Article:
I have read this Wikipedia article and found it fascinating. I came across it after I tried to prove a certain statement with a method resembling induction in the set of natural numbers but ordered by divisibility rather than as usual. I was happy to see that that method was an actual induction. Unfortunately, I was unable to complete the proof.
I would like to know if there are some nice examples of proofs by induction in sets with well-founded relations which are not strict total orders which could help me understand better the method and what minimal elements actually are in general binary relations. I would like to stick to the definition in the Wikipedia article, which in particular requires that standard induction in natural numbers be done with respect to the strict order $<$. With this in mind, by the terms "partial order" and "preorder", I will mean "partial order minus the identity relation" and "preorder minus the identity relation".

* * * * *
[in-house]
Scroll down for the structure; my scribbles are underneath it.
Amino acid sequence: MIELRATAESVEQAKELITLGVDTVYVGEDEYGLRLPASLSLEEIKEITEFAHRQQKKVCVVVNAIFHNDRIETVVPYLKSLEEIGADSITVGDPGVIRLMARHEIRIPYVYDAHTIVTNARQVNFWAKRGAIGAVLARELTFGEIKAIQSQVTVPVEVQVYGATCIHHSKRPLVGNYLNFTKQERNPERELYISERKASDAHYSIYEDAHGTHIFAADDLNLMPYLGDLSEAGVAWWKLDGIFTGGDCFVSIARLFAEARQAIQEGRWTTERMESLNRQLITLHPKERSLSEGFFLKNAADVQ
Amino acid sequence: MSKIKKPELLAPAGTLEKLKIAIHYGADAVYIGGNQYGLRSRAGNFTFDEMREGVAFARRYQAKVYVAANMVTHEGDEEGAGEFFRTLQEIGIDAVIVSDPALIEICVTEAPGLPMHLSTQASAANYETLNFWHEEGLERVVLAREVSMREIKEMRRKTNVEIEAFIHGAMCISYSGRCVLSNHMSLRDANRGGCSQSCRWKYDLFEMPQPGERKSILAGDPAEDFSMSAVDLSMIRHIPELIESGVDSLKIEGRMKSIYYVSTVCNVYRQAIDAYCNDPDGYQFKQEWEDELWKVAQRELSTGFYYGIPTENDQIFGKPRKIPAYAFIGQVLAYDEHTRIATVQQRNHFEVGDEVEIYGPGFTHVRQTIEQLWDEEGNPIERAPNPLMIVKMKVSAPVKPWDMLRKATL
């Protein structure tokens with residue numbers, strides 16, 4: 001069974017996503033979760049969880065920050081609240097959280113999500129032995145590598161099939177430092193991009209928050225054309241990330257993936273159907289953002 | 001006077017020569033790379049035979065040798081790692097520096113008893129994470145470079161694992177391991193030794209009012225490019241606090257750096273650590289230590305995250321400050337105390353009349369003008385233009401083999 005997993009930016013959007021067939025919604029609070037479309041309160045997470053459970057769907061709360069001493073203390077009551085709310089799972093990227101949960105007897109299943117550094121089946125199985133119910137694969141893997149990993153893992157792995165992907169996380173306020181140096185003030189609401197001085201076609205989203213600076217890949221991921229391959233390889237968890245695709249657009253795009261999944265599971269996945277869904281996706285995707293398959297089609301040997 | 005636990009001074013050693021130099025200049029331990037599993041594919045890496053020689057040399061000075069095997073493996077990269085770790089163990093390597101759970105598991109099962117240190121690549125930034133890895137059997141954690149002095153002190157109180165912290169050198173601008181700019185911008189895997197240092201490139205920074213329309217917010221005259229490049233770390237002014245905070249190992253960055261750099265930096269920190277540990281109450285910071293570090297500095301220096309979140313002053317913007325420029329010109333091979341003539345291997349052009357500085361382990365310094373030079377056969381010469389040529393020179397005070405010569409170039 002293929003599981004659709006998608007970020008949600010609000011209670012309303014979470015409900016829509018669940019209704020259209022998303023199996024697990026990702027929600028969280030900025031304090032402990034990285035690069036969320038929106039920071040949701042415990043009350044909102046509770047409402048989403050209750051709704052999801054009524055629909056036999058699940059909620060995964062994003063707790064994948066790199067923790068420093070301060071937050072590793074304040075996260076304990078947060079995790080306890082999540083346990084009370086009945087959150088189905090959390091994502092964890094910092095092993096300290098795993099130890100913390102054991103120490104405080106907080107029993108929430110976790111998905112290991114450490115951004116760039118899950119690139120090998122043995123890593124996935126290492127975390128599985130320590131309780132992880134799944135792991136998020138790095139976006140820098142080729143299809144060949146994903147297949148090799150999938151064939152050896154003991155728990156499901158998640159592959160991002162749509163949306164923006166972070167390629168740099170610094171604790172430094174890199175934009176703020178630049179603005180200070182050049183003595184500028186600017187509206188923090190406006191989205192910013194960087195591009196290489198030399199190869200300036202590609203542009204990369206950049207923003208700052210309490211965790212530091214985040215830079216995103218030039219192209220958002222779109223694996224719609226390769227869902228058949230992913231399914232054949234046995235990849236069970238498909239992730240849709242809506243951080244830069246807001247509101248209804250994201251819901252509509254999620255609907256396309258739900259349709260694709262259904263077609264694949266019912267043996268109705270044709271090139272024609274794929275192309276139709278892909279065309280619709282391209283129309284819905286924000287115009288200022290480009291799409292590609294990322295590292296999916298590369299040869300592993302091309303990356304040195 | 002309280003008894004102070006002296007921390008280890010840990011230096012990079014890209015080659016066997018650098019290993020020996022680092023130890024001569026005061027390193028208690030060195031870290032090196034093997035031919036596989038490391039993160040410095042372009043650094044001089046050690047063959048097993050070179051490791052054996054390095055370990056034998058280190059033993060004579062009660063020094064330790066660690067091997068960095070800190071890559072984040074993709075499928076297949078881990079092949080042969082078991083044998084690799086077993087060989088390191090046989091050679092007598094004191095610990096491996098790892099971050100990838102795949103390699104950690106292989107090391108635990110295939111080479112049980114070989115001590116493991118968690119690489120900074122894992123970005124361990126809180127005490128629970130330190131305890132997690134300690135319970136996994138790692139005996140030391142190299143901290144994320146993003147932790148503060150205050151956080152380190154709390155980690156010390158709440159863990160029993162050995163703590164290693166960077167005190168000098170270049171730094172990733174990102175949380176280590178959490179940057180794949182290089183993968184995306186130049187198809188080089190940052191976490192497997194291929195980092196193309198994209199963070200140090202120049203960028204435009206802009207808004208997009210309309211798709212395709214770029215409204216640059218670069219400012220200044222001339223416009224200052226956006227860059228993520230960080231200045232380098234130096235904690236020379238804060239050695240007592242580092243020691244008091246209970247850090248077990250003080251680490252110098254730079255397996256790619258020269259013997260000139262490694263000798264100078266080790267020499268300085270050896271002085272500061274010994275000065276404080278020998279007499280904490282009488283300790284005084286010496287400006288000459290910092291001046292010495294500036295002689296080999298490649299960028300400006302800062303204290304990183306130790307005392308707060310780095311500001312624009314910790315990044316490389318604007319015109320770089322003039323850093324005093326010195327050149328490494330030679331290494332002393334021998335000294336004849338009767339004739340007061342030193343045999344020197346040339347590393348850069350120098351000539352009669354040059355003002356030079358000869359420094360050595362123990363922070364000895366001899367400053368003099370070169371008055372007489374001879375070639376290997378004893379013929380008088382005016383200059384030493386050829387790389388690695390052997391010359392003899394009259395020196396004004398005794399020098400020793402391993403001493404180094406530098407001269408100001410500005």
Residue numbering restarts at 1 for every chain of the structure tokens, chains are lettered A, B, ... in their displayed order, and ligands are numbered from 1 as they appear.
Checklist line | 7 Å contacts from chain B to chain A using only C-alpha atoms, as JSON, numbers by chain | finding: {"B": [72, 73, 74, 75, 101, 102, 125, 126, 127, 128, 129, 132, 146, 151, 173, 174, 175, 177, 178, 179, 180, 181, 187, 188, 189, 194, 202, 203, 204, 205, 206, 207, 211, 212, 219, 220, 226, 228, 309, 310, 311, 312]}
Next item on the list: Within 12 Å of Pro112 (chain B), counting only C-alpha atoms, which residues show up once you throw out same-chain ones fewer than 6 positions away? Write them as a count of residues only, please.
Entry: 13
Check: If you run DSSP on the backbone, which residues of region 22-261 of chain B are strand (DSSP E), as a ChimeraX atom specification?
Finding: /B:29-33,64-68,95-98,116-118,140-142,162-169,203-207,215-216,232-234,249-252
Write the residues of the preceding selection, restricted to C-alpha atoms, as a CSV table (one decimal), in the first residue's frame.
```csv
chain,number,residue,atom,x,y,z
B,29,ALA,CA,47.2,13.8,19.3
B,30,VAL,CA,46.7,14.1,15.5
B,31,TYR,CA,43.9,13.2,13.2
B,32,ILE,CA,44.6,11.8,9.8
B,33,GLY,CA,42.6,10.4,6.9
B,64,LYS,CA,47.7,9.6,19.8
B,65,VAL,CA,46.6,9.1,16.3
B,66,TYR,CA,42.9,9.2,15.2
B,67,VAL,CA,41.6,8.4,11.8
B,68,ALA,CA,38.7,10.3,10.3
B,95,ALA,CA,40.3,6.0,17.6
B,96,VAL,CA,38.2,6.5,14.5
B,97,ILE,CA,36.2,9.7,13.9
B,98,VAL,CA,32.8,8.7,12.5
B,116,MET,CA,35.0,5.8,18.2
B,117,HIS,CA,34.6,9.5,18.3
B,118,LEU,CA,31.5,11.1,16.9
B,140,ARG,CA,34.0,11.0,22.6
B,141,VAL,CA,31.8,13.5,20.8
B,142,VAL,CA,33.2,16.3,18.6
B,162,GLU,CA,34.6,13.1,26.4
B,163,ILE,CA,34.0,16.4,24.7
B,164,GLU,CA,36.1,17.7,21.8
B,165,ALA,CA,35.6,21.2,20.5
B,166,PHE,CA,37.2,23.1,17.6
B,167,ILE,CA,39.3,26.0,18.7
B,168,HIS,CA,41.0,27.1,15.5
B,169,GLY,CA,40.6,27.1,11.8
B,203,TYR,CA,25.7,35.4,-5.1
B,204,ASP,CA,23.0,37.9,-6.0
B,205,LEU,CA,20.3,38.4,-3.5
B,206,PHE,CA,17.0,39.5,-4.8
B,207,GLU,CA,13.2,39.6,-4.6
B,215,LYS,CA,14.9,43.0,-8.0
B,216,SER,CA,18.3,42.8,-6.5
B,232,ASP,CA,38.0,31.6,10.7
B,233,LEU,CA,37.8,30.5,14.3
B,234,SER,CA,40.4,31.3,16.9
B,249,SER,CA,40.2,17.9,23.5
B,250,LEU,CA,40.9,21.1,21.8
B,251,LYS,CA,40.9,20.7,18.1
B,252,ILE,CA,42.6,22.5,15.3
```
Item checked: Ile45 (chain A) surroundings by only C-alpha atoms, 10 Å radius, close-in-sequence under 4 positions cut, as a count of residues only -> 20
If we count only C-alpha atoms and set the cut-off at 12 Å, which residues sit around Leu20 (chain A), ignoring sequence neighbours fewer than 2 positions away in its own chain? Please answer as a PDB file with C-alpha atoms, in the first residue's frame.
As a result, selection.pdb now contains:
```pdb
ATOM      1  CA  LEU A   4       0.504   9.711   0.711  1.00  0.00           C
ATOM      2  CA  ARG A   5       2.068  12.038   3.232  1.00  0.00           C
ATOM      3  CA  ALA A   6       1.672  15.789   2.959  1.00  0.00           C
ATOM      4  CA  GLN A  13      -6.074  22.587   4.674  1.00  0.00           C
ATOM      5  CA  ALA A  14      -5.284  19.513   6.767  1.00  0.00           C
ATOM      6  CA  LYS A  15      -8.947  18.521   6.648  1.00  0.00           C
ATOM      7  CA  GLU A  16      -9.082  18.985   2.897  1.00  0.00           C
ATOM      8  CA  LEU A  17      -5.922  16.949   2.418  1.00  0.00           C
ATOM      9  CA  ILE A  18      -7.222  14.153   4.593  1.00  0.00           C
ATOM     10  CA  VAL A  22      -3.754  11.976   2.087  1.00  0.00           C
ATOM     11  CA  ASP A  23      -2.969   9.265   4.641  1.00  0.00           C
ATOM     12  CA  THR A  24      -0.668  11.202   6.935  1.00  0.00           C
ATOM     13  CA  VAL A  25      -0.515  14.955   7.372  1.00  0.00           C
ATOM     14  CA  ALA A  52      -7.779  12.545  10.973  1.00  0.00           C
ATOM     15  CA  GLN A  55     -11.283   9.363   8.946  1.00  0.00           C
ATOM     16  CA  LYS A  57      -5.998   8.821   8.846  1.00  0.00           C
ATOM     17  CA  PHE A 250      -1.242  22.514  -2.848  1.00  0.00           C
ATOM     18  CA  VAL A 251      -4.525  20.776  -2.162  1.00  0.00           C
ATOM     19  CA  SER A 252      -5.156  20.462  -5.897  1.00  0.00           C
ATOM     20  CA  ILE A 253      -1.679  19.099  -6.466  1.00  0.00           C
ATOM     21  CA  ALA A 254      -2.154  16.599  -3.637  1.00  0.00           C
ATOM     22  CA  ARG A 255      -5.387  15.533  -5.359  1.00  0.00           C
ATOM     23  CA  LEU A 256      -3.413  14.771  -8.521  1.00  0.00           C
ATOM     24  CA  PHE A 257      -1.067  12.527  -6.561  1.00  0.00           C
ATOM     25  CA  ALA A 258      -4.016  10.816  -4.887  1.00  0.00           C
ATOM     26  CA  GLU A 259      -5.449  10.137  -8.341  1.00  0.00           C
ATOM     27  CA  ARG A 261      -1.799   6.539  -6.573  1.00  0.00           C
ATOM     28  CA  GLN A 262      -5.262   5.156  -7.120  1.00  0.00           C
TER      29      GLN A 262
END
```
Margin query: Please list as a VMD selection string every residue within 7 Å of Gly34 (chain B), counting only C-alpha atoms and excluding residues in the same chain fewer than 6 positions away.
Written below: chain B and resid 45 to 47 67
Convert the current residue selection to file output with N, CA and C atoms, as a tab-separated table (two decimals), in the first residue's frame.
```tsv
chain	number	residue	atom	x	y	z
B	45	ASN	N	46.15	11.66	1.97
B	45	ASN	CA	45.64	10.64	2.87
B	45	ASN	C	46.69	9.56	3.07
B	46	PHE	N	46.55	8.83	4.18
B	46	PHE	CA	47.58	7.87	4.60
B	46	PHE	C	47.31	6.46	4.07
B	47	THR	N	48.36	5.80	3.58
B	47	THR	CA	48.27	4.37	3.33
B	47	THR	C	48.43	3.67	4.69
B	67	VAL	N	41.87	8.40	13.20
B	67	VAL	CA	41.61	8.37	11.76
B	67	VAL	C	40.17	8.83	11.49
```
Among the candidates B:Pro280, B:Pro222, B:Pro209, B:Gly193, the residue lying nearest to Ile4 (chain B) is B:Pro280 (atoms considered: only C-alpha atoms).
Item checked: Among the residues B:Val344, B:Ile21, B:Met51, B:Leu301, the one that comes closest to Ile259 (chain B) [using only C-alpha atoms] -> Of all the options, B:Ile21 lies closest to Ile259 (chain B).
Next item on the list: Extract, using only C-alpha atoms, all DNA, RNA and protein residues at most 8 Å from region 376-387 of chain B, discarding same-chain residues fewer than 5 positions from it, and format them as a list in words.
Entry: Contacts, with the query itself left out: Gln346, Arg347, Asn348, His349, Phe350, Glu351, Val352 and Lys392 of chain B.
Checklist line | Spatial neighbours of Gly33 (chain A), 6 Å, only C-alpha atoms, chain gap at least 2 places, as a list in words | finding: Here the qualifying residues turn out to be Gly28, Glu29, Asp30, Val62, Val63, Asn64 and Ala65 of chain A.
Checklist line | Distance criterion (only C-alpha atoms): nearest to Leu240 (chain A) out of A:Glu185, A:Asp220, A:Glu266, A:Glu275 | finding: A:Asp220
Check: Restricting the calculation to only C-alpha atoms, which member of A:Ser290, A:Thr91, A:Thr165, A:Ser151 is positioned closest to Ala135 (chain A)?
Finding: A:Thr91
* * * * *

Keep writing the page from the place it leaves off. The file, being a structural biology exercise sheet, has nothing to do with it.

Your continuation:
I would like to split my question into three parts, each about a different class of relations. Could you give me examples of (possibly accessible and instructive) inductive proofs with respect to well-founded relations which are
(a) partial orders which are not total orders,
(b) preorders which are not partial orders,
(c) binary relations which are not preorders?